Giant on the move
Michael Phelps is a phenomenal swimmer, possibly the best in history, and if he achieves his target of eight gold medals in Beijing, for an overall tally of 14 (10 of them individual) there is no doubt that he deserves his place in the pantheon.
But the greatest-ever Olympian? That is a big call.
There is no denying that it is tough to win an Olympic swimming gold but, once you reach that standard, there are plenty to harvest. Many of the top swimmers seem capable of racing over 100 metres, 200, 400, often in a variety of strokes, plus the medley, and also seemingly have relays for just about every distance.
In athletics it is extremely rare for a 100 metres runner to go as high as 400 and even if they could, the qualification rounds would be too draining to have any hope of adding the 200 as well.
To get on a par with swimming the Games would have to introduce the track races over 50, 150, and 250 metres (plus relays of course). They would have to get creative to match the medley, perhaps 50 metres of sprinting, 50 of hurdling and 50 of running backwards — and get three friends together and there’s another medal to shoot for.
There was never any doubt about this one. Michael Phelps won the 200m freestyle, secured his third gold medal of these Games — his third world record, too — and become only the fifth athlete to win nine gold medals at the Summer Olympics.
He joins fellow Americans Mark Spitz and Carl Lewis, Finnish athlete Paavo Nurmi and Soviet gymnast Larysa Latynina at the top of the all-time list of gold medal winners.
It’s a case of two down, six to go for Michael Phelps after the American swimmer got by with a little help from his friends in the 4x100m freestyle on Monday.
Watching Jason Lezak come from half a length behind on the final leg to seal victory for the U.S. was astonishing, as he kept Phelps in with a shout of his record-breaking haul of eight golds. That was a truly memorable Olympic moment.
Gary Hershorn writes: With Michael Phelps being arguably the biggest story of the Olympics his celebration jumped off the screen after the U.S won an amazingly close race by a fraction of a second over France.
The US had been losing throughout but pulled off victory in the last inch of the race. Phelps’s bid for eight gold medals was saved and his celebration looked completely real.
Michael Phelps shattered his own world record to win the 400m individual swimming medley in four minutes 03.84 seconds and claim the first of what could be a record-breaking haul of eight gold medals.
The American swimmer, who won six golds at the last Olympics in Athens, has his sights on beating the record of seven golds bagged by Mark Spitz in 1972. The secondary target is four golds to take him ahead of Spitz, Carl Lewis, Finnish middle and long-distance runner Paavo Nurmi and Larysa Latynina, the former Soviet gymnast, in the list of athletes with the most gold medals at the Olympics (currently nine).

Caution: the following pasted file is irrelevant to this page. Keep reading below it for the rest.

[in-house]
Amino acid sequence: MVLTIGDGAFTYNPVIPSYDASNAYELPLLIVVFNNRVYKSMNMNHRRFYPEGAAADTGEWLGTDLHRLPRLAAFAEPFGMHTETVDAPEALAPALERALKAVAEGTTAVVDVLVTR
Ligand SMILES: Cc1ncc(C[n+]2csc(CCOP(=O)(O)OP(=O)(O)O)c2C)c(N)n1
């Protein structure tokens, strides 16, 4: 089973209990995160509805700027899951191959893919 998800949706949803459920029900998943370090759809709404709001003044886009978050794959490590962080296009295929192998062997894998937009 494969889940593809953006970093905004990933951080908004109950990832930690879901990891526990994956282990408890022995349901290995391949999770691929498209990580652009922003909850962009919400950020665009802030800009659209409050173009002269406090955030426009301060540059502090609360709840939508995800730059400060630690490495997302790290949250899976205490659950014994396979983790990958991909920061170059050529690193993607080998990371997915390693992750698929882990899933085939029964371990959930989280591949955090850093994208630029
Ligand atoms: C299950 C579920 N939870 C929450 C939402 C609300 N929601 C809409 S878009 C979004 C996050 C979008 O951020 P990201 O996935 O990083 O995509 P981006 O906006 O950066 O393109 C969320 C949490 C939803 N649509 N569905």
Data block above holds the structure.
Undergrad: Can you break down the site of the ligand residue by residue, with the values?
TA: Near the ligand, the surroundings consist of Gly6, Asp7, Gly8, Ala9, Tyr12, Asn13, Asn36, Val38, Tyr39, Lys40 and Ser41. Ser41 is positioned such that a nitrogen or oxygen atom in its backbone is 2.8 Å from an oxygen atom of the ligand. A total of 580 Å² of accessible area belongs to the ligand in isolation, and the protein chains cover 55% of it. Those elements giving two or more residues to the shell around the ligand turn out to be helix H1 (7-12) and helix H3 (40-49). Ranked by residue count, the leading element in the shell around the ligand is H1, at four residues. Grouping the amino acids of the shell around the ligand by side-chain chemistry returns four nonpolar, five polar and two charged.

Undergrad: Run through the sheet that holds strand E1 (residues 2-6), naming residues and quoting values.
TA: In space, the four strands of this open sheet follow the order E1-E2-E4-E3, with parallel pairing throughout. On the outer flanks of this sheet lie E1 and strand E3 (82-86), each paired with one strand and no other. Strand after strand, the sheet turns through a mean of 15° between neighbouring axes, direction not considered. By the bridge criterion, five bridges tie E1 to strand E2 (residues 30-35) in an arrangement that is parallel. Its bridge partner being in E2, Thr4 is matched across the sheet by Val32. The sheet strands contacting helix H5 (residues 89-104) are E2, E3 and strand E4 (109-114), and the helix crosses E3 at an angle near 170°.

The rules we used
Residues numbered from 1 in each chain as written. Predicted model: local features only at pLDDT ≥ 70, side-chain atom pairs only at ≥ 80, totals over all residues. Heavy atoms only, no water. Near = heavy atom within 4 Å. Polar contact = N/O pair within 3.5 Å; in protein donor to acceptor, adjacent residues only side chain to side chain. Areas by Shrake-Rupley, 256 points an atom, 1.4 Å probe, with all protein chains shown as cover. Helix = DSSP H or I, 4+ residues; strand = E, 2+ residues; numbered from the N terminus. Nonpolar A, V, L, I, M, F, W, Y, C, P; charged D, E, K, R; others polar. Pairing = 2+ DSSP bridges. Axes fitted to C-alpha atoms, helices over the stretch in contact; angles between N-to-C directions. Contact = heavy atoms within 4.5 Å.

As a revolutionary bodysuit divides Olympics swimmers into the haves and have-nots ahead of the Games, a Chinese designer has unveiled another new swimsuit – but this one won’t be worn in the Olympic pool, or any pool for that matter. The costume was described as possibly the most expensive ever made, valued at 800,000 yuan ($117,647), according to a report in The China Daily.
The sparkling suit was unveiled by top Chinese model Mo Wandan on behalf of Hong Kong swimsuit brand Hosa, which the newspaper said was a sponsor of the Beijing National Aquatics Centre or “Water Cube” complex where the Olympic swimming will be held. Designer Huang Yinyun said it took more than a month to create the costume which has Swarovski crystals glued into shining “Water Cube” patterns.
“Go ahead – ask me anything you want,” said German swimmer Britta Steffen at the start of a recent interview in Berlin. I had spent the last two hours watching her swim further (and three times faster) than I had swum in the last two months and was planning to ask her, among other things, a few questions about the doping innuendos that hit her in mid 2006 right after she broke the world record in the 100 metres freestyle. But I didn’t expect Steffen, who is regularly tested and never suspected of any wrongdoing, to so openly tackle the issue.
“Really, go ahead and ask,” she said again. So I jumped right in without even any warmup and started asking about those who have doubts on her world record time at the European championships in Budapest (53.30) in 2006 that was nearly a full second faster than her previous best (and lowered Australia’s Libby Lenton’s record of 53.42). What she would say those find such steep improvements hard to believe. “I’d be sceptical too,” she said. “I can totally understand that. If it weren’t me, I’d also have doubts. But the coaches took the pressure off my shoulder by pointing out that a Libby Lenton and other world record holders had also made improvements of a full-second before getting their world records.”